Some of the awards and honors given to Polly Bales during her life for her service to KU:
• KU Alumni Association's Fred Ellsworth Medallion for service to the university
• KU Distinguished Service Award
• Fort Hays State University Distinguished Service Award
• KU Gallery of Outstanding Kansans
A funeral service for Polly Bales will be at 2 p.m. Saturday at the United Methodist Church in Logan, located at 303 W. Church St. The family suggests memorial gifts to the KU Endowment for Bales Organ Recital Hall or to the Dane G. Hansen Memorial Museum in Logan.
The towering organ still echoed through the halls of Kansas University’s Bales Organ Recital Hall on Monday morning, as it does nearly around the clock.
But one thing was different. Polly Bales, the KU alumna who first dreamed of the recital hall and helped make it happen, had died a few days earlier.
Bales, 92, died of natural causes Friday in Lawrence.
She and her husband, Dane, gave $4.1 million to KU during their lives, supporting cancer research in the School of Medicine and the Dole Institute of Politics, among other areas.
“Polly Bales was a distinguished Kansan and a very loyal Jayhawk,” said Dale Seuferling, president of the KU Endowment Association. “She loved everything that was crimson and blue.”
But their name will live on at KU chiefly through the organ recital hall they funded, which is attached to the Lied Center.
The building was created specifically to hold the 35-foot-tall organ housed inside, and it earns effusive praise from visitors from around the country, said James Higdon, the Dane and Polly Bales professor of organ at KU
“It’s the finest facility of its kind at any university anywhere,” Higdon said. His professorship was also created from a Bales donation.
Higdon, who’s worked at KU since 1980, became close with Polly as she participated in the building’s planning and frequently attended recitals there after it was finished.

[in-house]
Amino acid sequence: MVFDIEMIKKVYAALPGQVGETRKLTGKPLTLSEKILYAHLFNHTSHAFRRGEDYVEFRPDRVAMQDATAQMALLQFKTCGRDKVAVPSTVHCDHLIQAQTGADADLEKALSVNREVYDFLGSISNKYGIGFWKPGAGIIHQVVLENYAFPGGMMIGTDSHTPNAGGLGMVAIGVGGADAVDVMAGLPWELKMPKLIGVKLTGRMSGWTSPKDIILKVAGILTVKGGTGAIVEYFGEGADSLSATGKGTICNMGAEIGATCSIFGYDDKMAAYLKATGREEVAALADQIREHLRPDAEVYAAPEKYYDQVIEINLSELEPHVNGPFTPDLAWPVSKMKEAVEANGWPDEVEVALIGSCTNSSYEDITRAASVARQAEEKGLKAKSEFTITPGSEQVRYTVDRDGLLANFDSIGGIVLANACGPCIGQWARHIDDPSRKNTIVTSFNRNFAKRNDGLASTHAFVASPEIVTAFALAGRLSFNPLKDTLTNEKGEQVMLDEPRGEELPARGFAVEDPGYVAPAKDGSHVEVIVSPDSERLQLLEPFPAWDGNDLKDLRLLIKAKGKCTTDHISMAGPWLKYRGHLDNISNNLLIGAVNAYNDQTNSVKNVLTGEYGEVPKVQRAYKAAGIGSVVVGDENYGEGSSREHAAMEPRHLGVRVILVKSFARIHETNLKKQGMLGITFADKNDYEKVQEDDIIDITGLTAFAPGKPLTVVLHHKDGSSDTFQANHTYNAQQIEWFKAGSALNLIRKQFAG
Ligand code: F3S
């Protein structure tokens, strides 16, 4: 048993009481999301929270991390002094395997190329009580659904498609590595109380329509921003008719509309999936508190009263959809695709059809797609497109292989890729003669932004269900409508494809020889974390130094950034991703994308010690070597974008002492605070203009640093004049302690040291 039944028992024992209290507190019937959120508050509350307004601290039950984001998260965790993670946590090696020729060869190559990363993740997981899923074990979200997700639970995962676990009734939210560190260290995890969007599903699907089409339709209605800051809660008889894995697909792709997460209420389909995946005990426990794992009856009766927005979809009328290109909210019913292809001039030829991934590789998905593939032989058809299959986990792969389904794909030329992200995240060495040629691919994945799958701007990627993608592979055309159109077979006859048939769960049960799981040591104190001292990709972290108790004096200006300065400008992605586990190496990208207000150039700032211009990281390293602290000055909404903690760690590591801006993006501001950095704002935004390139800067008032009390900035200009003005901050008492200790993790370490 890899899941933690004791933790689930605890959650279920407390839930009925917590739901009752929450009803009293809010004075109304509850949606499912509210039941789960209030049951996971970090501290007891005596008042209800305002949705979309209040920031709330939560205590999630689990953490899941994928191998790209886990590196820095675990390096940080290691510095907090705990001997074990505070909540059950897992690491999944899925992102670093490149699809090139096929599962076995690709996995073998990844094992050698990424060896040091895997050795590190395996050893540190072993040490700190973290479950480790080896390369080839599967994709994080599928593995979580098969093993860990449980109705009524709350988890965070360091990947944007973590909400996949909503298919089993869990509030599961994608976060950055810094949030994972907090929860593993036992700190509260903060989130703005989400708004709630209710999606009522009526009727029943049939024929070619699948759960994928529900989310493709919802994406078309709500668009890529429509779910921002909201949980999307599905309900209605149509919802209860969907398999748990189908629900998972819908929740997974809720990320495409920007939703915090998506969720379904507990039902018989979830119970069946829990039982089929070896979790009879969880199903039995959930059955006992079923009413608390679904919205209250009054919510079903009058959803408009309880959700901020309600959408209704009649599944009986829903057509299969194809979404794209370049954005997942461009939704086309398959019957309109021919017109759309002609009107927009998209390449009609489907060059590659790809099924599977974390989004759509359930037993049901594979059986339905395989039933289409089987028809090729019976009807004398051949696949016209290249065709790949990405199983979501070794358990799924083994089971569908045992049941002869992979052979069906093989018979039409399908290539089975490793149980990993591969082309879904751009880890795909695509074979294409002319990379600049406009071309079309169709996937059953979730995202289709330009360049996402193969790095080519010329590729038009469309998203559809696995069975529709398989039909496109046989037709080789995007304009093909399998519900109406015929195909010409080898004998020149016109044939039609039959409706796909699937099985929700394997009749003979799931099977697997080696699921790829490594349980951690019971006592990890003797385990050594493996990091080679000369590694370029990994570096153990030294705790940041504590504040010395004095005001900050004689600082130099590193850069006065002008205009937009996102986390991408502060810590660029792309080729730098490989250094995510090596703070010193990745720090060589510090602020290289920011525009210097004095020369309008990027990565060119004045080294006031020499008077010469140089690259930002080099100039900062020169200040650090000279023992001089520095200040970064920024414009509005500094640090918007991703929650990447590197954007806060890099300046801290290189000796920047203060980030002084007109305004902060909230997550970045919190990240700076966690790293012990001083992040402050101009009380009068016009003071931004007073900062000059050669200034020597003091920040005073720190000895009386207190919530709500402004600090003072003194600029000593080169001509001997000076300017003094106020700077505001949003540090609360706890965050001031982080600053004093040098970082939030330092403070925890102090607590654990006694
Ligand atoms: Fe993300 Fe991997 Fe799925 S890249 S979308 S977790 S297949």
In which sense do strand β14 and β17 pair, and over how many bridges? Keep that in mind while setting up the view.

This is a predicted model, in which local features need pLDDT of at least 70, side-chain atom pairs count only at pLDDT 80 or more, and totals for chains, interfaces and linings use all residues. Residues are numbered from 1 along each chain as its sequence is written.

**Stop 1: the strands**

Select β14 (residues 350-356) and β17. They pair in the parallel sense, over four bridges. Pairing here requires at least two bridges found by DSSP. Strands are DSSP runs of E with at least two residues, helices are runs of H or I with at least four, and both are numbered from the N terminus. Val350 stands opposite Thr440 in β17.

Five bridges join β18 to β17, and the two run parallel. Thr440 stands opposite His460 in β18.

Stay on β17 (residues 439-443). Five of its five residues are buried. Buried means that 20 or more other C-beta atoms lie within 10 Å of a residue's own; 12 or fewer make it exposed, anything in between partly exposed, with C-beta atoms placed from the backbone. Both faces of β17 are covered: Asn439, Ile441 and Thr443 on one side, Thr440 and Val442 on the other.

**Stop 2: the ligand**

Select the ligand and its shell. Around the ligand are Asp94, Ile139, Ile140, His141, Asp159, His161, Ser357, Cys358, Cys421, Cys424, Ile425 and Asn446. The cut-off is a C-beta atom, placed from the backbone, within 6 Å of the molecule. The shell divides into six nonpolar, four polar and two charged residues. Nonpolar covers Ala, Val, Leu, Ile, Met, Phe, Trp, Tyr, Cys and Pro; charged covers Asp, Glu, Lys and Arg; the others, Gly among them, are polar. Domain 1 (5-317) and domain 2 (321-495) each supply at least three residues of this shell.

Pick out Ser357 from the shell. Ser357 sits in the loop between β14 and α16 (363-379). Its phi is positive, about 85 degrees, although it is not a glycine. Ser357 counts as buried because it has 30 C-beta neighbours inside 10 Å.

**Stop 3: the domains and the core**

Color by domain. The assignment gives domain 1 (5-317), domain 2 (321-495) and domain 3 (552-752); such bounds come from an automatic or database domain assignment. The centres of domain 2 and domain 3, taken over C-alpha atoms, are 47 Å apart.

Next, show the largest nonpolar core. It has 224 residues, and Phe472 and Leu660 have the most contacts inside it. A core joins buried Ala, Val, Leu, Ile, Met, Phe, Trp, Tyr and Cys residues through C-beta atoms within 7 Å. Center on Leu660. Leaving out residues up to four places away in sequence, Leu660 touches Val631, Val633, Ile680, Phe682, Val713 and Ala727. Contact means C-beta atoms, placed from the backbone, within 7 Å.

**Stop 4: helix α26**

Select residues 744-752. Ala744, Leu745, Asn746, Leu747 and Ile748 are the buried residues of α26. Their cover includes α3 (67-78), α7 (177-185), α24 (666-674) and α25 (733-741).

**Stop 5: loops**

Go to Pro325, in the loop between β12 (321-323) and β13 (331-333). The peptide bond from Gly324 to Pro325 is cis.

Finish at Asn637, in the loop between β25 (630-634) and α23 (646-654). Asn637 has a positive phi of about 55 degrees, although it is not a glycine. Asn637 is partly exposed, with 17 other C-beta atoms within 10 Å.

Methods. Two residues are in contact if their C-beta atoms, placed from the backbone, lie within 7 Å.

The idea for an organ recital hall sprung to her mind when she studied organ at KU, where she enrolled in 1938.
The university’s organ in those days was in Hoch Auditorium, encased in a metal cage next to the basketball court. (Basketball coach Phog Allen and the dean of fine arts would sometimes argue about reserving their respective practice times, Higdon said.)
“She said it was hard to keep time when you’re listening to the basketballs bouncing in the background,” Seuferling said. And she thought there should be somewhere better to play.
About 50 years later, she and her husband realized that dream. The Bales Organ Recital Hall opened in 1996, and gifts from the Baleses and the Dane G. Hansen Foundation (named for Dane Bales’ uncle) paid for the entire cost. Dane and Polly Bales also gave $2 million to keep it maintained.
“Polly understood that, of course, everything is important, but without the arts life isn’t worth living,” Higdon said.
The pond in front of the nearby Dole Institute, called “Polly’s Pond,” is also named for Bales.
Polly and Dane Bales met at KU and married in 1941. They lived most of their lives in his hometown of Logan, which has a population of about 600. Dane, a 1941 KU graduate, worked for his uncle’s oil exploration business. He died in 2001. Their son, Dane Bales Jr., died in 1998.
Polly was a member of a host of civic, political and KU-related organizations, including the KU Endowment Board of Trustees, the KU Alumni Association, the Dane G. Hansen Memorial Museum in Logan, several Republican groups and Bob Dole’s presidential campaign. She and her husband frequently attended KU music performances, football and basketball games and other events.
The Baleses also enjoyed traveling, taking 24 international trips from 1971 to 2000 with the Alumni Association’s Flying Jayhawks group.
And everywhere she went, Seuferling said, she exuded pride for KU and the state of Kansas.
“She got up every day of her life, and her first thought was, ‘What can I do to help somebody today?’ ” Higdon said. “And she did.”